By Vanne Elaine Terrazola
The contents of the Consultative Committee’s (Con-Com) draft federal constitution would remain a proposal unless Congress opts to adopt it.
This was according to Senate President Vicente Sotto III who, on Friday, maintained that the provisions of the draft charter for the proposed federal form of government are still subject to the scrutiny of lawmakers.
“All that will be subject to the perspective of the Constituent Assembly (Con-Ass). What is being presented is a framework of the federal proposal. Nothing is written in stone as of now,” Sotto told reporters in a text message.
Sotto made the clarification when asked to comment on Con-Com member Julio Teehankee saying that President Duterte and Vice President Leni Robredo would not be prohibited from seeking reelection under the proposed federal constitution.
Likening it to a “reboot,” Teeehankee said Duterte and Robredo, whose terms will end on 2022, may be allowed to seek a fresh term lasting for four years.
Teehankee also said that under the new political system, two senators shall be elected from each of the proposed federal regions. The said federal regions, which would be governed by local officials in a parliamentary setup, would also be allowed impose their own taxes.
Sen. Aquilino Pimentel III, for his part, said he does not approve of extending the Chief Executive’s term.
“(I) disagree as to allowing President Duterte to run again. That changes the present rules. Re(garding) VP Leni being allowed to run again, that is okay ’cause under present rules she can really run again,” Pimentel said.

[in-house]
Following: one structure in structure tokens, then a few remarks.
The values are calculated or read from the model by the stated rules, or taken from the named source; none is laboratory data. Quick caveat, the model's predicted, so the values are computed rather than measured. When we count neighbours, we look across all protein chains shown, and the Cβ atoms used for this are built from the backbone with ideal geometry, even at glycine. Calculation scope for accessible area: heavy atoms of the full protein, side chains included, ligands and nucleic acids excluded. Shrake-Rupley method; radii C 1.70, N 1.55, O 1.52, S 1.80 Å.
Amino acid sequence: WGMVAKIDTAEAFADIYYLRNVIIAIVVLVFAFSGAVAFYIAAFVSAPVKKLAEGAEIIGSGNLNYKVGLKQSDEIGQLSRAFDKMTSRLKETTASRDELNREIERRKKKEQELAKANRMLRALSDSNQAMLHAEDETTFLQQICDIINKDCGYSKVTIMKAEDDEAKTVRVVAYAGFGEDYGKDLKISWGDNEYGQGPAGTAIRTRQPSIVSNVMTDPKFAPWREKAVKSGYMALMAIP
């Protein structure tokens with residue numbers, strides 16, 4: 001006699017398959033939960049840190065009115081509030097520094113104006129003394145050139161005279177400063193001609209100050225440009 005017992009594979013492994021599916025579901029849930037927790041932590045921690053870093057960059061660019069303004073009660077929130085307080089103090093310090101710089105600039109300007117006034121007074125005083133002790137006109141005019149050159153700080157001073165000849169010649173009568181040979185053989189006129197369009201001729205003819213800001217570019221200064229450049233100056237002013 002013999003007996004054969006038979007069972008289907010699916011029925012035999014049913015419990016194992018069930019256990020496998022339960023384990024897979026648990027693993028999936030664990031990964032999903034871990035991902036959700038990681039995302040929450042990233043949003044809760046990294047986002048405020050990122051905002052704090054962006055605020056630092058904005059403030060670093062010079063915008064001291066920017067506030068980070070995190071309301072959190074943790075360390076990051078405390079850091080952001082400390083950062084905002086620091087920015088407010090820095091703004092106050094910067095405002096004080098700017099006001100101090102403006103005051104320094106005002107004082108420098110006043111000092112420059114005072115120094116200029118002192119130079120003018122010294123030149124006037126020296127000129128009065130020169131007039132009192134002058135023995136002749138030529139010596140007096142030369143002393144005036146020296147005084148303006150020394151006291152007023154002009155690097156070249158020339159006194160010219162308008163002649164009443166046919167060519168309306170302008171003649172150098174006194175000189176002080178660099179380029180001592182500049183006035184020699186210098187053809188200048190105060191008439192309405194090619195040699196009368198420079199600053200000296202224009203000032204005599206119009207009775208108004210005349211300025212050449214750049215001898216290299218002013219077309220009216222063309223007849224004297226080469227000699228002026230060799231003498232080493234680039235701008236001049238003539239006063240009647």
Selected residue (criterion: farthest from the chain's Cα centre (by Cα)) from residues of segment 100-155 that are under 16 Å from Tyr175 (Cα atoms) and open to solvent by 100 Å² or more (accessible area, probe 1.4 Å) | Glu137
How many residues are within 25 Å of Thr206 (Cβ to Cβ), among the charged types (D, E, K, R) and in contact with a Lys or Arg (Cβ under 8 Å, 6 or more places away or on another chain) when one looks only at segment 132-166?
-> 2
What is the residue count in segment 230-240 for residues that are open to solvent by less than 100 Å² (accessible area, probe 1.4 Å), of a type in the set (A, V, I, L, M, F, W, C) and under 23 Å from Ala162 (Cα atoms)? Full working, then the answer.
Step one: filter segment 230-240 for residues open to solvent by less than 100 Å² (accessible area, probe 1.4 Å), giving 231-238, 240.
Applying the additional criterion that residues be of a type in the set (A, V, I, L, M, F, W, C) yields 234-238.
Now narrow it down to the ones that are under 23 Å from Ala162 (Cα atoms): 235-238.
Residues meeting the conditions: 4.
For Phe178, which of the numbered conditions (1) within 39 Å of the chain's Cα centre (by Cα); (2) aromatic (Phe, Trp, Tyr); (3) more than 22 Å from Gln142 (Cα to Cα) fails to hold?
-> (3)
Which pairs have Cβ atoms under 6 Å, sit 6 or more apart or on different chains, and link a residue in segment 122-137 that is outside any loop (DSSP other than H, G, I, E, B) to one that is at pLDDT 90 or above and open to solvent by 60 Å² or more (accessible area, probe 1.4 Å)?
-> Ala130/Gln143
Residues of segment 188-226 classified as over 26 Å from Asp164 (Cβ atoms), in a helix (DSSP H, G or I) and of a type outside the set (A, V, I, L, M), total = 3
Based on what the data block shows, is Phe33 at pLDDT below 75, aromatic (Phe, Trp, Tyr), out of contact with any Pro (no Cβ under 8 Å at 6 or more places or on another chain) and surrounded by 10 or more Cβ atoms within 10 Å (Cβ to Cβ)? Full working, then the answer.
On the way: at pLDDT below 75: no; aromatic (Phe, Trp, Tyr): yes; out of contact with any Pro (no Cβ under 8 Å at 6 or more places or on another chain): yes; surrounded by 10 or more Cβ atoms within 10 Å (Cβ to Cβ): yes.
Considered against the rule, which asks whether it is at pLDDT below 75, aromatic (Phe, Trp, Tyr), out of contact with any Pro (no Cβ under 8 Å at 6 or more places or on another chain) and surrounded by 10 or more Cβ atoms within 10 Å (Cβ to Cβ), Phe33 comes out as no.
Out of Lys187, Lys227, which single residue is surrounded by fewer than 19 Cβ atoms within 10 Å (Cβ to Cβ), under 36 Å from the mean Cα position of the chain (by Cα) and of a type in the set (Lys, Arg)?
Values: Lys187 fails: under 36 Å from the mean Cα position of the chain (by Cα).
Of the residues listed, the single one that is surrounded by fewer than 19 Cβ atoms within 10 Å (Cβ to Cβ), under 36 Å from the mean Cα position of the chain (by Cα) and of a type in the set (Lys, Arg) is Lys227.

The 1987 Constitution explicitly prohibits the President from seeking reelection. The Vice President, on the other hand, is allowed to serve for two successive terms.
Pimentel meanwhile says he sees “no problem” with the election of two senators per federal region and imposition of taxes by each federal state.
President Duterte repeatedly denied that he wants his term extended. The Palace, on Friday, reiterated this following Teehankee’s statements.
Sotto, anyway, believes that Duterte will not insist to Congress the draft federal constitution proposed by the Con-Com, especially that they have yet to study the proposals. Lawmakers are not bound to adopt the Con-Com draft.
“How can you adopt something you have not studied, reviewed or understood? Besides, knowing the President, he will not do that. He has never interfered with us. I doubt if he will interfere now,” Sotto said.
Sotto also maintained that a plebiscite for the draft constitution cannot be held mid-2019, as earlier posed by Con-com chairman and former Chief Justice Reynato Puno. He said Congress leaders have not yet finalized and approved their calendar for the third regular session.
Meanwhile, Senate Minority Floor Leader Franklin Drilon thought that now may not be the right time to amend the 1987 Constitution.
“The questions assume that the Filipino people would want to amend the Constitution now. Or, instead of amending the Constitution now, which may result in a No-EL in 2019, would they want government to address first issues as rising prices, poverty, EJKs and peace and order, etc?” Drilon said in a text message.
Drilon noted that Congress may not be able to prioritize debates on the proposed Charter change since they will have to look into the 2019 budget once they resume sessions after Duterte’s State of the Nation Address (SONA) on July 23.
The two Congress houses, he added, have yet to settle their dispute on the manner of tackling and voting on the proposed Charter amendments.
Drilon, however, said the draft may be used as a reference for their discussions.
The Con-Com tasked by Duterte to review the 1987 Constitution approved on Tuesday its draft federal charter. The proposal will be submitted to the President on July 9 in time for his state of the nation address.